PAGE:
Sitting down with Steve recently, I recalled this memory and shared it with him. He explained how he believes in the homeopathic nature of biodynamic farming. And, by spreading the gopher ashes over the vineyard early in the season, it scares off other gophers throughout harvest.
This process is part of the ecosystem in the vineyard. For 25 years, Steve has been making wine in Santa Barbara County and as a biodynamic farmer, he feels the process gives the wine more energy, more clarity of expression and a sense of place.
I enjoyed this energy and clarity of expression as I tasted through some of the Beckmen Vineyards wines recently. We started with the Beckmen Vineyards 2017 Purisima Mountain Vineyard Viognier. There are only two acres of own-rooted Viognier planted on Purisima Mountain. Picked early, stainless steel fermented and aged in stainless steel and 40 percent old barrels, the wine has notes of crisp apple, lime, melon, apricot and jasmine flowers. The wine is balanced and textured with a long finish and lively acidity.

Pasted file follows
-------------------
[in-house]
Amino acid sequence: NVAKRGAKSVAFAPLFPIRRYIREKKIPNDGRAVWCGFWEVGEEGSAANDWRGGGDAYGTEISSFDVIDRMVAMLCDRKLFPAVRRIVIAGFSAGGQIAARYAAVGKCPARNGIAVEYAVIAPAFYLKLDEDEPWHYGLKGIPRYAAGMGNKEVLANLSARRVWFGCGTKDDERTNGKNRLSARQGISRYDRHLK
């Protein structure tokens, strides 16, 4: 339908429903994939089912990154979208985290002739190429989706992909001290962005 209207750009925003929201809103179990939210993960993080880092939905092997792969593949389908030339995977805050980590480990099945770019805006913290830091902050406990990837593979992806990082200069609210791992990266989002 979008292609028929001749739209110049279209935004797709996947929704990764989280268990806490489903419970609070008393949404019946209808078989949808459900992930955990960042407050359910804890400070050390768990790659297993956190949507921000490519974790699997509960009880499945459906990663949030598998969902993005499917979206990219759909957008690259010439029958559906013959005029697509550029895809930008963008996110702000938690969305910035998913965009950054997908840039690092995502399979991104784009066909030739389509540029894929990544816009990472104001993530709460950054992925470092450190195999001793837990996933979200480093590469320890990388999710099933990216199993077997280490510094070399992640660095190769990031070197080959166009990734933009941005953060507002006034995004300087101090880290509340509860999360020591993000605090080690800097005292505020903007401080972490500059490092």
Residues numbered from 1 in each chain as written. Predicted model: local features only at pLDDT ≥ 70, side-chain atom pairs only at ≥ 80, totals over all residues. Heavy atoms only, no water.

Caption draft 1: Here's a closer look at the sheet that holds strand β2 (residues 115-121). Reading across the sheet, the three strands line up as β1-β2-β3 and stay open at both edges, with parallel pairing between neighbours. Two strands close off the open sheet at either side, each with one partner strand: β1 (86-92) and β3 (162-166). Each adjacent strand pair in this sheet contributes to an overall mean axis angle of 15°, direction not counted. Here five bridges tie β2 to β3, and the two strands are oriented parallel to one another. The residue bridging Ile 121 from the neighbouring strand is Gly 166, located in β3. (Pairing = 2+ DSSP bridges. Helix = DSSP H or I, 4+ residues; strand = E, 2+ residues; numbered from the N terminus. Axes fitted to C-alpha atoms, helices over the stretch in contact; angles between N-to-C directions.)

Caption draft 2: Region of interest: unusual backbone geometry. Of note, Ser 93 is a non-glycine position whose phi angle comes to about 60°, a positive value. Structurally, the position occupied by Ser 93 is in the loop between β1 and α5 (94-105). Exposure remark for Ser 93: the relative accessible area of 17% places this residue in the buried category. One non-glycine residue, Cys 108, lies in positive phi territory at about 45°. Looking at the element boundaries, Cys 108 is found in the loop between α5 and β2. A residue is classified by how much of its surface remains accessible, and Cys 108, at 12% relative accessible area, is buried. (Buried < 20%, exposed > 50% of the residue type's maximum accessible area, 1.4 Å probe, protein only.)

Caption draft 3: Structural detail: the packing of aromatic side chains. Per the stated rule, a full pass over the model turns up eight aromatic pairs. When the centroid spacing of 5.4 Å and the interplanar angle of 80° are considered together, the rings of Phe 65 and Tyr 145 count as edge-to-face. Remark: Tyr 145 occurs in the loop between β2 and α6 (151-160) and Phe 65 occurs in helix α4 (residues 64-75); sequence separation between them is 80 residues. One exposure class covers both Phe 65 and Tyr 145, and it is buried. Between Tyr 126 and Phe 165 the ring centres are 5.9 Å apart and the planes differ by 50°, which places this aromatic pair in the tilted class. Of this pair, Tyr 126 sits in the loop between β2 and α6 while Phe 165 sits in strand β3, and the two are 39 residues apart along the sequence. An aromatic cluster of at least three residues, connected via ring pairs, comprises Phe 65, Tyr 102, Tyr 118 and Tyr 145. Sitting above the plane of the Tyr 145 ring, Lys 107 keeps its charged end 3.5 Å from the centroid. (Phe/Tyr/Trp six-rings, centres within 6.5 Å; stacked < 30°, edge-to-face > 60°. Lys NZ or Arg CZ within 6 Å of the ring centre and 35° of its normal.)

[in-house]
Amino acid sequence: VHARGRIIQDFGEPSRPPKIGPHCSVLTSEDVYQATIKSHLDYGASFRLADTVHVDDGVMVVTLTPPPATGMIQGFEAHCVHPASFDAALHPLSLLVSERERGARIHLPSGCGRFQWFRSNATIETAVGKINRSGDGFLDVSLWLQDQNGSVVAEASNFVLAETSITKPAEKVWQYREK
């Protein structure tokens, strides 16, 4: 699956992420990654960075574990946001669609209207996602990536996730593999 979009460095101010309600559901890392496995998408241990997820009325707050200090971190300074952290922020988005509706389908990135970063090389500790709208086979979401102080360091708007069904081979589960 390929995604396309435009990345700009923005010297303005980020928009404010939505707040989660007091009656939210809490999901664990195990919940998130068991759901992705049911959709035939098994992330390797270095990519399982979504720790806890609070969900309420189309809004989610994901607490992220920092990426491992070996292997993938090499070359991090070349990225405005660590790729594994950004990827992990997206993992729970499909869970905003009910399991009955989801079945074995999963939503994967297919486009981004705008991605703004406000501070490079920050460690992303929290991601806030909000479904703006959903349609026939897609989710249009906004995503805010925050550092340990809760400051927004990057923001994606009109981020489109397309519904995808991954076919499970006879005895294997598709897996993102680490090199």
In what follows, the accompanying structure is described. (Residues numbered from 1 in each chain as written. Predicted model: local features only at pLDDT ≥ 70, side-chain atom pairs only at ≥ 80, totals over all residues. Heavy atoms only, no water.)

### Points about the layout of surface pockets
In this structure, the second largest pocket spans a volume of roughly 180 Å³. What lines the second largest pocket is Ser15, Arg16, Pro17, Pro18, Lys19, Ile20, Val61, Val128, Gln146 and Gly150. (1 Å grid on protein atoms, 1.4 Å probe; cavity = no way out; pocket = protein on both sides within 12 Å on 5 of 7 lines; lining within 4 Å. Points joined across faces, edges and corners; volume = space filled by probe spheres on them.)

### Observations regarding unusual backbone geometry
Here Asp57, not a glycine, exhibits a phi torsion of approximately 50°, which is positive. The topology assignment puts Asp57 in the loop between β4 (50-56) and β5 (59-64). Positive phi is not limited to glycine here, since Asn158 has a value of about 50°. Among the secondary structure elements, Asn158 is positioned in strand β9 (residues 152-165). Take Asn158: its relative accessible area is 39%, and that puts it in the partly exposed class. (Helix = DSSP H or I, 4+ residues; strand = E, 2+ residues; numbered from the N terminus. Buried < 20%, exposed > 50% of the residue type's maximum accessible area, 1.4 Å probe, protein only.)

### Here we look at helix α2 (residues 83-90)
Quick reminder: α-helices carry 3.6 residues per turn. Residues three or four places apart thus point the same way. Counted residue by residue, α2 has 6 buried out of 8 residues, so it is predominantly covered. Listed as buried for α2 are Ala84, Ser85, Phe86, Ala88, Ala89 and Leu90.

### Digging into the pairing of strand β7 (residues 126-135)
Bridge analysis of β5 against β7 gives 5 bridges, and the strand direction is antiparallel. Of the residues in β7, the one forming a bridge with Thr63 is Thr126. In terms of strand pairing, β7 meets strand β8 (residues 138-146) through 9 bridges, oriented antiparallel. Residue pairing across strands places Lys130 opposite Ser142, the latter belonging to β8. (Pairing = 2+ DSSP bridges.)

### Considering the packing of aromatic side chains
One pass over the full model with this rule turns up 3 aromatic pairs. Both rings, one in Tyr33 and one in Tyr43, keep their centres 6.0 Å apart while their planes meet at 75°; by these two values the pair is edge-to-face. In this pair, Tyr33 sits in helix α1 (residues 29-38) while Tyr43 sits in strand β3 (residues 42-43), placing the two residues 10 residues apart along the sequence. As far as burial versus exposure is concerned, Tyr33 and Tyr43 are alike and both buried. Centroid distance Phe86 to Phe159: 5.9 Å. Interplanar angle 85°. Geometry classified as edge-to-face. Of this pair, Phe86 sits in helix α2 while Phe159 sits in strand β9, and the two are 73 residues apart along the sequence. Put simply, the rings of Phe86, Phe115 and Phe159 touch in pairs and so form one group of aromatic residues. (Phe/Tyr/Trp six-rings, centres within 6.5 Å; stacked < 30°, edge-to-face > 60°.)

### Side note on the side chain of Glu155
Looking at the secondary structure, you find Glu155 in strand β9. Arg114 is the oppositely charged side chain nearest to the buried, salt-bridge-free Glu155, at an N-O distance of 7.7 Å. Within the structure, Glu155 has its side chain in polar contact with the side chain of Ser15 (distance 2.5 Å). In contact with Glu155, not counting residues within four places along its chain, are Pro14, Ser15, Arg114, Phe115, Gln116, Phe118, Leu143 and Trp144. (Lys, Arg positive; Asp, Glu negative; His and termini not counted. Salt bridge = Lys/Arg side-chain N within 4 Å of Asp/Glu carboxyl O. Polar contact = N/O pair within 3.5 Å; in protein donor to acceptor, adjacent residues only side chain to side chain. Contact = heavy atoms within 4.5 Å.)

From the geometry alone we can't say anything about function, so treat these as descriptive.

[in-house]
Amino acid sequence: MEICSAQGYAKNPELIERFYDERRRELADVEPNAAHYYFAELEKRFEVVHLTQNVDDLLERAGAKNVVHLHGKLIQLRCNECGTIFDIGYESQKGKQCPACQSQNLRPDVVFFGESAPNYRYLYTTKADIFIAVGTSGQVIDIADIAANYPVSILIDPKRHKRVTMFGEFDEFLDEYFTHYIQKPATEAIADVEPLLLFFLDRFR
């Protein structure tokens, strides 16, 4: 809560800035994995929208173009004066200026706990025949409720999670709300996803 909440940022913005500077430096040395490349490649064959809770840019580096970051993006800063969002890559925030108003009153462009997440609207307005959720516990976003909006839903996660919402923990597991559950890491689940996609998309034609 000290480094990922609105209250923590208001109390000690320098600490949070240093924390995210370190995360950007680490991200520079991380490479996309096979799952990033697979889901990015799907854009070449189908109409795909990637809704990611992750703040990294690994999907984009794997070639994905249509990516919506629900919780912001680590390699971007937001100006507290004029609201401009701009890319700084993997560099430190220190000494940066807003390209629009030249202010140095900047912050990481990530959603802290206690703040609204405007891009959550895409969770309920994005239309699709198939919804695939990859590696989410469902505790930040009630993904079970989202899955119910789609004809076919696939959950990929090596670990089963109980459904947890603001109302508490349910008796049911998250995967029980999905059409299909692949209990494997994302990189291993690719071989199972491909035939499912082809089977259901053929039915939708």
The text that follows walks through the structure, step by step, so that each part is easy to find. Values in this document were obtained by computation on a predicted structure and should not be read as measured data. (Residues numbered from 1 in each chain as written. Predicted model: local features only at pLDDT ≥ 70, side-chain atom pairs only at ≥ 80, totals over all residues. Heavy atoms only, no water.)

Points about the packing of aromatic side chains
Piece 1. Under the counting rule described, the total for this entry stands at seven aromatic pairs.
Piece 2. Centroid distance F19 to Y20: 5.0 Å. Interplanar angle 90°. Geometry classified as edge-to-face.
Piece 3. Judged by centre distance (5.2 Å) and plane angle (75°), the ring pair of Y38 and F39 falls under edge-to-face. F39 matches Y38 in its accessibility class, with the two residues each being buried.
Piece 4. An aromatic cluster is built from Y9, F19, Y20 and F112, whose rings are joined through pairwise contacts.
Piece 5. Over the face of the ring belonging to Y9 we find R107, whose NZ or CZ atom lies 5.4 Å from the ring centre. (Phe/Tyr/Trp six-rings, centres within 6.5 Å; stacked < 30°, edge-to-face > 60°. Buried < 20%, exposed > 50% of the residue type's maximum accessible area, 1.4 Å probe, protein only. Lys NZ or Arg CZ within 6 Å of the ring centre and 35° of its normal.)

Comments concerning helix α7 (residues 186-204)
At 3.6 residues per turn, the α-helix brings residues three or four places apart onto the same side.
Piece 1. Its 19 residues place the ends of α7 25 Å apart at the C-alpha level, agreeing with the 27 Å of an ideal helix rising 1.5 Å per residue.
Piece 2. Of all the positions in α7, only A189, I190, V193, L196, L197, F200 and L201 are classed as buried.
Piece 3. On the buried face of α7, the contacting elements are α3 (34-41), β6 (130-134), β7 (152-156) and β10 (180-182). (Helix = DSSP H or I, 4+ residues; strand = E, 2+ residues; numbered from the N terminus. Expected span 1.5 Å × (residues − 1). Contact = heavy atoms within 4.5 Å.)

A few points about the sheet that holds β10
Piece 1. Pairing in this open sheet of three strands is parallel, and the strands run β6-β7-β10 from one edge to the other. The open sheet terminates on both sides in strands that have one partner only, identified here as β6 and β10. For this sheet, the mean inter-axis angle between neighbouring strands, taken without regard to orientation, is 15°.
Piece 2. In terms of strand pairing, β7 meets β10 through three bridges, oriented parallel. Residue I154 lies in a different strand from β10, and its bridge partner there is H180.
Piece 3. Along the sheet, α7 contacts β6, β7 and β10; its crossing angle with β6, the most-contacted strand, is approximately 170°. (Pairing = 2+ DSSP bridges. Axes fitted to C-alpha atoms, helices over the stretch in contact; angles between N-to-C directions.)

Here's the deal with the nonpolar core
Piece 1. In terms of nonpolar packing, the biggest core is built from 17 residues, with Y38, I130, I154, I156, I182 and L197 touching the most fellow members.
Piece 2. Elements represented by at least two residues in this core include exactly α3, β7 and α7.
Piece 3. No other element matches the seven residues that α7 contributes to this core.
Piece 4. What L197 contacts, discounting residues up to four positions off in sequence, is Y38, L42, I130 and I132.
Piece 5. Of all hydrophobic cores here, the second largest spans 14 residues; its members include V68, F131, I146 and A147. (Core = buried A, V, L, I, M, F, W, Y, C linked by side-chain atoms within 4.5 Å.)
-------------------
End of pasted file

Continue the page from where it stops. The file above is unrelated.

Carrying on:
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Beckmen started producing rosé in 1995 after visiting Provence, France. Steve cheated the first year, blending Cabernet Sauvignon and Sauvignon Blanc. As Purisima Mountain Vineyard came into its own, Steve dedicated a five-acre block to Grenache for rosé. The Beckmen Vineyards 2017 Purisima Mountain Vineyard Grenache Rosé has seven percent Syrah in it. A fan of Tavel wines, Steve wants to make a rosé that is rich and has depth but pulls back on color, soaking the Grenache on its skins for 6-24 hours and direct pressing the Syrah. The wine is stainless steel fermented and then aged in 40 percent stainless steel and 60 percent neutral barrels for five months. The rosé, with aromas of strawberry, cherry and topical fruits, is lively with great texture and a long finish with soft tannins on the tongue.